George Bush has throttled America's promise by mirroring the worst excesses of King George. He has cast his lot with the colonialists who believe in the spread of enlightenment at gunpoint. Patriots need to mirror the best instincts of another George and pursue that "different course" that the first president said was essential to the maintenance of our independence and our ability to inspire by example rather than force.-----------------------------------------------------------------

John Nichols's new book, Against the Beast: A Documentary History of American Opposition to Empire (Nation Books) was published January 30. Howard Zinn says, "At exactly the when we need it most, John Nichols gives us a special gift--a collection of writings, speeches, poems and songs from thoughout American history--that reminds us that our revulsion to war and empire has a long and noble tradition in this country." Frances Moore Lappe calls Against the Beast, "Brilliant! A perfect book for an empire in denial." Against the Beast can be found at independent bookstores nationwide and can be obtained online by tapping the above reference or at www.amazon.com

Free Speech on (One) Campus

As a joke some years ago, a friend gave me a copy of Ward Churchill's 1998 book Pacifism as Pathology: Reflections on the Role of Armed Struggle in North America. In it, the University of Colorado professor, who is rapidly being turned into the nation's greatest outlaw intellectual by his right-wing critics, argued that nonviolent political activism -- in the tradition of Mahatma Gandhi and the Rev. Martin Luther King Jr. -- should not be seen as a force for positive social change. Rather, Churchill suggested, pacifism is a counterrevolutionary movement that unintentionally reinforces the very status quo its proponents claim to be dismantling.

As a Quaker, I was not about to buy into Churchill's worldview, which the friend who presented the book with a wink and a nod well understood. And as a journalist who has covered social justice struggles in the United States and abroad for the better part of a quarter century, I knew enough about how political change occurs to find Churchill's thesis wanting.

But I read the book with interest, and found it to be an engaging enough statement of a controversial point of view. It made me think. It forced me to reconsider some of my own presumptions -- although, instead of changing my thinking, Churchill's critique ultimately reinforced my faith that Thoreau, Gandhi, King and their followers are the real change agents. And, while I don't appreciate its premise any more than I do George Bush's doctrine of pre-emptive war making, Churchill's book remains on the shelf of serious books to which I return for information and insight.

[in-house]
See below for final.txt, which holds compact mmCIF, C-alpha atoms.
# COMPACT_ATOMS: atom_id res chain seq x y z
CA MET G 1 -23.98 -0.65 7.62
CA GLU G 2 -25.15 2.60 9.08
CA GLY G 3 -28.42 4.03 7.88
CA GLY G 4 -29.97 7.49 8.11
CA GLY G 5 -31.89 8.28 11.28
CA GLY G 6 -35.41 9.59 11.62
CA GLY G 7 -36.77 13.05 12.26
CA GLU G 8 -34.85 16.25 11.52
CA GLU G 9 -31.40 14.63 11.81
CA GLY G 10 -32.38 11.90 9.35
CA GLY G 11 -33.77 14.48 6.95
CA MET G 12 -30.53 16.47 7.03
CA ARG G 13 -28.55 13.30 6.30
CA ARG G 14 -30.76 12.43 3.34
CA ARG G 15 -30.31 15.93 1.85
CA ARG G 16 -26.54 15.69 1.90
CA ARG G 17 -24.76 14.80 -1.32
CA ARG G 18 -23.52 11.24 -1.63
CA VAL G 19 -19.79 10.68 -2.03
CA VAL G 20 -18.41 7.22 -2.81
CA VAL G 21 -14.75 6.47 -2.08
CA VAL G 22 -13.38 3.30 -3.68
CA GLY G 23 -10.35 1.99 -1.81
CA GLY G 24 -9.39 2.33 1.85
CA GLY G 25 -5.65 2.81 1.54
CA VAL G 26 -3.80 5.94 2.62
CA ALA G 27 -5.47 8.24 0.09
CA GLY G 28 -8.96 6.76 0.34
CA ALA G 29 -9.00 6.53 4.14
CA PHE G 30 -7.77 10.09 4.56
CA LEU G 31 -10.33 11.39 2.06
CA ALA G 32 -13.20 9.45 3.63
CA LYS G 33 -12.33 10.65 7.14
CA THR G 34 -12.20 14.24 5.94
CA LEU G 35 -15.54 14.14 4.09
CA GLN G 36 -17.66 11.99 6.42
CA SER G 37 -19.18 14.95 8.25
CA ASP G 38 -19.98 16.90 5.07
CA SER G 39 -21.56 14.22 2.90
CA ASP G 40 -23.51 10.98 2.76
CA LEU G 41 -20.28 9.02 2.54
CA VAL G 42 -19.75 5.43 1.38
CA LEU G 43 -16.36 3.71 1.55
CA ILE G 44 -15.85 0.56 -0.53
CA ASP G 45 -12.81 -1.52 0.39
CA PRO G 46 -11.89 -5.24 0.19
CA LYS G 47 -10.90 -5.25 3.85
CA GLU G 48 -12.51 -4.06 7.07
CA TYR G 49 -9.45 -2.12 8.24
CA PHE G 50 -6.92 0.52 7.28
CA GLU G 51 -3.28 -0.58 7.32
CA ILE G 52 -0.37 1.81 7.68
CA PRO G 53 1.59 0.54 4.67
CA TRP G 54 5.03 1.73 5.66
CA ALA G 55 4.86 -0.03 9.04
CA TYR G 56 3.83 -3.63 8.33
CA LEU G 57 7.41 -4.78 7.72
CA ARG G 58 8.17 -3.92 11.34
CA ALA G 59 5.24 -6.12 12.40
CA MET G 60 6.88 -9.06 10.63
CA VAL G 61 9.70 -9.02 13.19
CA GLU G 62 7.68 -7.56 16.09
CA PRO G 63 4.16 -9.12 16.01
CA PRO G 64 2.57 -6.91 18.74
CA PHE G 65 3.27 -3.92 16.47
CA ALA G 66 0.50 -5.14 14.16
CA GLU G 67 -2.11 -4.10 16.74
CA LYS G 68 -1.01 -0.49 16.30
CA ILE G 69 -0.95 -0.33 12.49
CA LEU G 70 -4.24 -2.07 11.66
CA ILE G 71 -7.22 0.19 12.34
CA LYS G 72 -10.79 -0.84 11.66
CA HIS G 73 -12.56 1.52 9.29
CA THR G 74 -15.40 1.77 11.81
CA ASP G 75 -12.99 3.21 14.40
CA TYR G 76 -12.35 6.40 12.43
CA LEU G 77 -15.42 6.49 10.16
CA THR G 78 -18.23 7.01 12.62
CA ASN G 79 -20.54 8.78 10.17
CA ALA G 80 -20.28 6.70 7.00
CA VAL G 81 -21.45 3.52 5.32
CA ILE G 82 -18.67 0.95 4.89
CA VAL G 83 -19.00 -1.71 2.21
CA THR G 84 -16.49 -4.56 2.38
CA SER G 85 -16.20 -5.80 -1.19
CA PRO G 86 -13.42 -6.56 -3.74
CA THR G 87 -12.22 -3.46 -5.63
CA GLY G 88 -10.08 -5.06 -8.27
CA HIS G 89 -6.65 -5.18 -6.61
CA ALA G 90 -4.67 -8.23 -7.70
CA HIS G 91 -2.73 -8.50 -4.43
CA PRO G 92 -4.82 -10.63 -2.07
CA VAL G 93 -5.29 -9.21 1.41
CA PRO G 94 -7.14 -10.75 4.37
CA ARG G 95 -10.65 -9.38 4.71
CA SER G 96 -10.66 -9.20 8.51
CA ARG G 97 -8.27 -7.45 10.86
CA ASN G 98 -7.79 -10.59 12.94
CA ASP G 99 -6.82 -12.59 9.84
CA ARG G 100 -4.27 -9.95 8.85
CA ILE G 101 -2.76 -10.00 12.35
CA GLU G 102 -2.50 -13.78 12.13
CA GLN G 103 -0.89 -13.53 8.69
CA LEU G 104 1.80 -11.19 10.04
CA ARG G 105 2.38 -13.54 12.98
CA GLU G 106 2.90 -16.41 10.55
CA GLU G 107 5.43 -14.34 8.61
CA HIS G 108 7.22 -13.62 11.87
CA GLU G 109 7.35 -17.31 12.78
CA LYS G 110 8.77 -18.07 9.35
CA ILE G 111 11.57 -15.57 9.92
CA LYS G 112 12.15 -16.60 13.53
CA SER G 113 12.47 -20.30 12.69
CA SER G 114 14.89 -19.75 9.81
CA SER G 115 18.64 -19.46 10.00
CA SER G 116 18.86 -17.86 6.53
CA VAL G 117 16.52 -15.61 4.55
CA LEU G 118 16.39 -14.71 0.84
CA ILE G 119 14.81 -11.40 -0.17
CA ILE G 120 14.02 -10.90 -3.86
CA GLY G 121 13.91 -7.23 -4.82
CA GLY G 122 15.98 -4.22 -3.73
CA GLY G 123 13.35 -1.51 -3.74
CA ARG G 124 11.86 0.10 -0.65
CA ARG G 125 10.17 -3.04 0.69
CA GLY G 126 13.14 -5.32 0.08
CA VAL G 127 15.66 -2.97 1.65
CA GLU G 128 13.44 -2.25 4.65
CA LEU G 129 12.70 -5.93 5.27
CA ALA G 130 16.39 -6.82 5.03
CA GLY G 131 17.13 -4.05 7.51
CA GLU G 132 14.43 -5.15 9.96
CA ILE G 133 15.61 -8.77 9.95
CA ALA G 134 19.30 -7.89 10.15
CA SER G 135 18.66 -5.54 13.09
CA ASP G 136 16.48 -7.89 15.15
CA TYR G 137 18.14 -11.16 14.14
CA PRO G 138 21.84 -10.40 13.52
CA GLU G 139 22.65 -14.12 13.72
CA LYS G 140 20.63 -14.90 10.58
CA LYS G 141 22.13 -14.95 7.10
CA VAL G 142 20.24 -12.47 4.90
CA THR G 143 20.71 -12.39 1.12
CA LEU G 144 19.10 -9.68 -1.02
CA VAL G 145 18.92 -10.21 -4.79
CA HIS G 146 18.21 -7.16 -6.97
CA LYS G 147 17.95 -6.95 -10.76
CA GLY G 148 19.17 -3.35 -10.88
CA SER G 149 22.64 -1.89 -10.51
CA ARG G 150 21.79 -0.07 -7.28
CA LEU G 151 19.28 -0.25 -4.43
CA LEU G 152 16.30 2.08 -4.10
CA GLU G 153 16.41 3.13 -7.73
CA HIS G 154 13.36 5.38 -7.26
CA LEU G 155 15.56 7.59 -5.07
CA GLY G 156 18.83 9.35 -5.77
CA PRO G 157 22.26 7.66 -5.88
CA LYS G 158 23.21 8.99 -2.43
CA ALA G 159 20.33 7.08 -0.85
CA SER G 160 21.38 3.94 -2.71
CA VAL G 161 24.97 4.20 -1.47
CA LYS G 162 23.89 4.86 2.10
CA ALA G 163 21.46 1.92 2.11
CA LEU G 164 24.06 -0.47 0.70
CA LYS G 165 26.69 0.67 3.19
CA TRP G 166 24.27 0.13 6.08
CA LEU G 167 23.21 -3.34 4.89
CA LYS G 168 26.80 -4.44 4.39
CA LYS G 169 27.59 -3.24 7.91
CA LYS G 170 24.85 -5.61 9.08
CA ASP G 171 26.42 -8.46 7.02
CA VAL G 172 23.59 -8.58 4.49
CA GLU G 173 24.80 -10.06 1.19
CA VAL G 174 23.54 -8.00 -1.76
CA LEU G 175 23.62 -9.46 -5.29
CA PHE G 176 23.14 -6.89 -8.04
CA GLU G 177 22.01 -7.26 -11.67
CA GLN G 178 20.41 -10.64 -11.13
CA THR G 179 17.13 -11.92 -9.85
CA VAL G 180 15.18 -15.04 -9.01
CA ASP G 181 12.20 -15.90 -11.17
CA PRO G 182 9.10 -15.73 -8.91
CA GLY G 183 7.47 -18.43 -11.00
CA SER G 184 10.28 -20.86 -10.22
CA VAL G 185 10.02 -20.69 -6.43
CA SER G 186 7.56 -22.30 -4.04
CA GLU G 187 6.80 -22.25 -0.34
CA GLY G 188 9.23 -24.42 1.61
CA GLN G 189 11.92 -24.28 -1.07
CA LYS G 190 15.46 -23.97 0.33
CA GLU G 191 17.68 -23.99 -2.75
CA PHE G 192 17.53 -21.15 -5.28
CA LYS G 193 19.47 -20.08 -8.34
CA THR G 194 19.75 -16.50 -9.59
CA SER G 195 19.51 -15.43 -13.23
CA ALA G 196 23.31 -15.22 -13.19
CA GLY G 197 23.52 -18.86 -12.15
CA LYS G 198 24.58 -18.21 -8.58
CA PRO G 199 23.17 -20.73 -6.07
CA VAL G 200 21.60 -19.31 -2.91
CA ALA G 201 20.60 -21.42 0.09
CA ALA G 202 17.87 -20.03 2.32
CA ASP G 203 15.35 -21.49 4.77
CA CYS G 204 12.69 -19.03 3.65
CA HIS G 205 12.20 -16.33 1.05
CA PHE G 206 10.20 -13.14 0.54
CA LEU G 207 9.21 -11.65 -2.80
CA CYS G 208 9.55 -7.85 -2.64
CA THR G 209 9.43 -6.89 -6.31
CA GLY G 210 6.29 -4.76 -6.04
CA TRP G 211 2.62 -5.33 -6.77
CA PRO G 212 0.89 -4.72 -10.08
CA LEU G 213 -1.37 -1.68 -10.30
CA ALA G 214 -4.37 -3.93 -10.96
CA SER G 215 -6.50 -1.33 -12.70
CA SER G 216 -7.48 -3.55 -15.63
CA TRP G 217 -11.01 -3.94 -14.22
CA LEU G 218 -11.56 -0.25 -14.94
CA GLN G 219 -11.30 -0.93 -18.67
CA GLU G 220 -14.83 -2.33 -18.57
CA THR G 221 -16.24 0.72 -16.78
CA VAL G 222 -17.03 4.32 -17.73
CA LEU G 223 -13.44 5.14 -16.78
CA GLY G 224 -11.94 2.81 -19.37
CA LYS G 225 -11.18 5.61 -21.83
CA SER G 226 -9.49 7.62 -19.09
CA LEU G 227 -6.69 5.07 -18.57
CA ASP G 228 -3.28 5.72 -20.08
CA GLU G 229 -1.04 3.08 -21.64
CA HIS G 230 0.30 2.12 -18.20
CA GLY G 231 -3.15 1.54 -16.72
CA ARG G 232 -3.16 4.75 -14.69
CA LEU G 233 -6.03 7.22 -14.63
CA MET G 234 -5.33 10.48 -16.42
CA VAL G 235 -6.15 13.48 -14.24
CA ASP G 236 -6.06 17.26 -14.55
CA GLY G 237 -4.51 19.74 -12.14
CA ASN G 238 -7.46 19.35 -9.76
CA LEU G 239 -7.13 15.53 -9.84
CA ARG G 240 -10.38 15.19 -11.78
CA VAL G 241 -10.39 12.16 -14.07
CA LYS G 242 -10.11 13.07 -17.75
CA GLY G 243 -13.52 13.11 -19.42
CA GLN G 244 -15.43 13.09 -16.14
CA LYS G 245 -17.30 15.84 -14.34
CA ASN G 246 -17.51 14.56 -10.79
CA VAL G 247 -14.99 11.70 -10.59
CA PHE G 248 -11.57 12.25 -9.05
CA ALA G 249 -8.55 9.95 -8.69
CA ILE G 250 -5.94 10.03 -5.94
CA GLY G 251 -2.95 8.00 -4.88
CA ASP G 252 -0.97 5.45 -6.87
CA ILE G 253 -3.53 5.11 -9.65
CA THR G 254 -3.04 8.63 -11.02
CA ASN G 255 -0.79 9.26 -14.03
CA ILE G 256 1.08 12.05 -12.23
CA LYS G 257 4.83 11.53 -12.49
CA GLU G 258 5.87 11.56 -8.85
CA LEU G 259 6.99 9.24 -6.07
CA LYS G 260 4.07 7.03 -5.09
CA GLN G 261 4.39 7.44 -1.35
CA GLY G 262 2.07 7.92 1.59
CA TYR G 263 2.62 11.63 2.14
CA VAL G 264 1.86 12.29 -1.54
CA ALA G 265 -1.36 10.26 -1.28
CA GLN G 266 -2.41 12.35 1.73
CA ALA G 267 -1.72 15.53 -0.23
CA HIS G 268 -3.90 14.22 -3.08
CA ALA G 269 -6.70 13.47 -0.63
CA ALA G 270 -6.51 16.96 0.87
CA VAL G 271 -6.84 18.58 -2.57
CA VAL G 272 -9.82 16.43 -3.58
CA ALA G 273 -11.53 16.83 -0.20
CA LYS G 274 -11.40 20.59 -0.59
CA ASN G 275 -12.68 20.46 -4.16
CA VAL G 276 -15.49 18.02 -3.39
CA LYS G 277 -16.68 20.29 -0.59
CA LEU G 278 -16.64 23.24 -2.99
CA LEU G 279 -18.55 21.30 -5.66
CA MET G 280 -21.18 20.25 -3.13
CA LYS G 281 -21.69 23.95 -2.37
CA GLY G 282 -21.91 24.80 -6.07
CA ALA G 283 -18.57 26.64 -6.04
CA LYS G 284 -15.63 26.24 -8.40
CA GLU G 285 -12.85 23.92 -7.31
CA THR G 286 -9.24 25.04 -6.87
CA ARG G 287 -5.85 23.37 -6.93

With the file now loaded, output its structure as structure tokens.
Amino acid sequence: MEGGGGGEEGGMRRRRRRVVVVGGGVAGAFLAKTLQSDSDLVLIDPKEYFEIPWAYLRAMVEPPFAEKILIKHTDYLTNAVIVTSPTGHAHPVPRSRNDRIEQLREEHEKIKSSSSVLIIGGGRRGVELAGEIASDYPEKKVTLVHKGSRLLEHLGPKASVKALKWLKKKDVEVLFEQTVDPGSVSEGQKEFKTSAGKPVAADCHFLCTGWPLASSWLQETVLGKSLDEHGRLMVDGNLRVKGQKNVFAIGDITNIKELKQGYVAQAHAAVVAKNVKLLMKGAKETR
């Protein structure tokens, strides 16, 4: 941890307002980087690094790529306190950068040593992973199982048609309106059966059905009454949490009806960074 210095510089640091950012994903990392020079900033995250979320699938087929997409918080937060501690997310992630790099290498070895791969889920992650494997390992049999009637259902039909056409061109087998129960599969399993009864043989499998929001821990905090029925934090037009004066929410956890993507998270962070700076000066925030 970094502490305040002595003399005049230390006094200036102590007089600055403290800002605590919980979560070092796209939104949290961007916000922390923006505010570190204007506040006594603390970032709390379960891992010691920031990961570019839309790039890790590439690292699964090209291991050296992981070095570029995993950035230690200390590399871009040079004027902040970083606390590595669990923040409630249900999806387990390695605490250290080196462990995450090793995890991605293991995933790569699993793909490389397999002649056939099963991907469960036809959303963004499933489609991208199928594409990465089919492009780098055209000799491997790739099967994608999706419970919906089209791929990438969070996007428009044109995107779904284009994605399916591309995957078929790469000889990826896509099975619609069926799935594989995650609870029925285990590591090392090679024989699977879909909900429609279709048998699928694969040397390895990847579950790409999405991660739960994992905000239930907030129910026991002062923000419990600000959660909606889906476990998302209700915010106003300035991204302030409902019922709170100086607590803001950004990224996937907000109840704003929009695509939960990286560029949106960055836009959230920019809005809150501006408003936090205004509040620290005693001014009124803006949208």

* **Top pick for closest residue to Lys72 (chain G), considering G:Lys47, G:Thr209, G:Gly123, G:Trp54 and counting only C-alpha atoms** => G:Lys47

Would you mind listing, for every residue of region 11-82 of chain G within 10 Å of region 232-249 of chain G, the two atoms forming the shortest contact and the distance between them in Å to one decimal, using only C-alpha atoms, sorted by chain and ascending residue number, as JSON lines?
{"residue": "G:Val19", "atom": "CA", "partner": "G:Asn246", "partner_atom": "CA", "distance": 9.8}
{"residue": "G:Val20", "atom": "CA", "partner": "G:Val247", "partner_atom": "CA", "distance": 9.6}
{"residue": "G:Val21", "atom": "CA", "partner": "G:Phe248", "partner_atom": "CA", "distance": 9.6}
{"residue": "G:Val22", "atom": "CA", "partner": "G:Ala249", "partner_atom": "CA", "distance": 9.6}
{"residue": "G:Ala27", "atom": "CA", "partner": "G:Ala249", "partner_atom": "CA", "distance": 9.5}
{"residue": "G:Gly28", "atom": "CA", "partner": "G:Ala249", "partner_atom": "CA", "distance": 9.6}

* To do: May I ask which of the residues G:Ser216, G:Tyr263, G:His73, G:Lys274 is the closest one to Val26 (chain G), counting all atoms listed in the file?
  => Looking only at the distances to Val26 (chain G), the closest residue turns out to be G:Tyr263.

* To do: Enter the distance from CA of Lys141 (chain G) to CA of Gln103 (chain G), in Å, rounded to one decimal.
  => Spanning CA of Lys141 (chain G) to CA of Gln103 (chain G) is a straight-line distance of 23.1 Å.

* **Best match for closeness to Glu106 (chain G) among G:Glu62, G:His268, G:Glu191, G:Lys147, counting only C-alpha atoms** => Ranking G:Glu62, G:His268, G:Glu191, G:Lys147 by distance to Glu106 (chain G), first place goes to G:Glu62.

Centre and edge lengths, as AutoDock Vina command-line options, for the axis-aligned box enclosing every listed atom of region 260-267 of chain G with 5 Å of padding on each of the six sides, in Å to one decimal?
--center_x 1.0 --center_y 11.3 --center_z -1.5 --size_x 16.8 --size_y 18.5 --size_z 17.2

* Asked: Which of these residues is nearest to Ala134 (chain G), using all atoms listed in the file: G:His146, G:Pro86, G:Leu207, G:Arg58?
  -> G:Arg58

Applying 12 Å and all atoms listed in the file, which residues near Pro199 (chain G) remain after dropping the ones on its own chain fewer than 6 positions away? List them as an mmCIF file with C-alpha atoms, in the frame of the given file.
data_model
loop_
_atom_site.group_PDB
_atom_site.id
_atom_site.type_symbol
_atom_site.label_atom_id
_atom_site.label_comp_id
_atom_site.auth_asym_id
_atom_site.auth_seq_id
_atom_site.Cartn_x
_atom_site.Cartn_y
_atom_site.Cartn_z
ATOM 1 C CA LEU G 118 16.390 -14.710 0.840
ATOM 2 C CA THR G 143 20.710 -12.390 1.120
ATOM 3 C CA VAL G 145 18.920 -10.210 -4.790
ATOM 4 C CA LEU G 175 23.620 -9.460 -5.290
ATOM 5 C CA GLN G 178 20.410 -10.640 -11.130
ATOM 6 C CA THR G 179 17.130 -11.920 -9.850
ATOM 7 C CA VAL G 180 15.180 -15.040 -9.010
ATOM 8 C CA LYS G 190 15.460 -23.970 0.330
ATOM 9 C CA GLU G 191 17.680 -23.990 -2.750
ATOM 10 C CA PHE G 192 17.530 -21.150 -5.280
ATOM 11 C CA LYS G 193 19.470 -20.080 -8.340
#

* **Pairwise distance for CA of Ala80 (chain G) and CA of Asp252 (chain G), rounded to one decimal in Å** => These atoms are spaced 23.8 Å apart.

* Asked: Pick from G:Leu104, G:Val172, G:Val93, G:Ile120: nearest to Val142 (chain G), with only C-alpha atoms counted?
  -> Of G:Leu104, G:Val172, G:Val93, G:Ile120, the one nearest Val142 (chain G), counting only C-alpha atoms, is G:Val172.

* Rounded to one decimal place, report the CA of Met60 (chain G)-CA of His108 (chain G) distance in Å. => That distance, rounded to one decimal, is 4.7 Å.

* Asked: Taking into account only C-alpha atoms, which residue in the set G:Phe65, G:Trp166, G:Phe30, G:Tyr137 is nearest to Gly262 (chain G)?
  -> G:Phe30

In other words, while I probably disagree with Ward Churchill more than most of his right-wing critics, I recognize him as a challenging public intellectual who has prodded and provoked my thinking in ways that I have to respect.

So, as a native Wisconsinite, I was pleased when University of Wisconsin-Whitewater Chancellor Jack Miller became the first campus administrator in the country to resist the right-wing crusaders who have been campaigning to deny Churchill a right to speak at institutions of higher learning.

The thought police at Fox News, led by Bill O'Reilly, have sought to silence Churchill ever since conservative students at Hamilton College in Clinton, NY, stirred up a firestorm regarding an essay, Some People Push Back, in which the professor asserted that the hijackers who crashed planes into the World Trade Center and the Pentagon on Sept. 11, 2001, had been provoked to action by vile US foreign policies.

"The most that can honestly be said of those involved on Sept. 11 is that they finally responded in kind to some of what this country has dispensed to their people as a matter of course," wrote Churchill, who went on to argue, "As for those in the World Trade Center, well, really, let's get a grip here, shall we? True enough, they were civilians of a sort. But innocent? Gimme a break."

Churchill's argument is a troubling one, as it takes a legitimate point of view -- that wrong-minded US policies increase the likelihood that this country and its citizens will become terrorist targets -- and turns it into an argument that reads like a justification for what most people in the United States and abroad see as indefensible violence.

But, while Churchill's views are radical, and to some offensive, the movement to prevent him from expressing those views on campuses is even more troubling. Ideas that provoke debate are the lifeblood of higher education. Bad arguments get dismissed soon enough. But in the process of discarding the bad, good ideas are invariably made stronger. That is the point of the principle that, for more than a century, has guided intellectual inquiry within the University of Wisconsin system: "Whatever may be the limitations which trammel inquiry elsewhere, we believe that the great state University of Wisconsin should ever encourage that continual and fearless sifting and winnowing by which alone the truth can be found."

Campuses in other states, where there is less of a tradition of academic freedom and respect for the First Amendment, have caved in to the pressure from right-wing media to cancel Churchill's talks. But Wisconsin has a long history of setting a higher standard -- and the decision of the UW-Whitewater chancellor to allow Churchill to speak honors that tradition.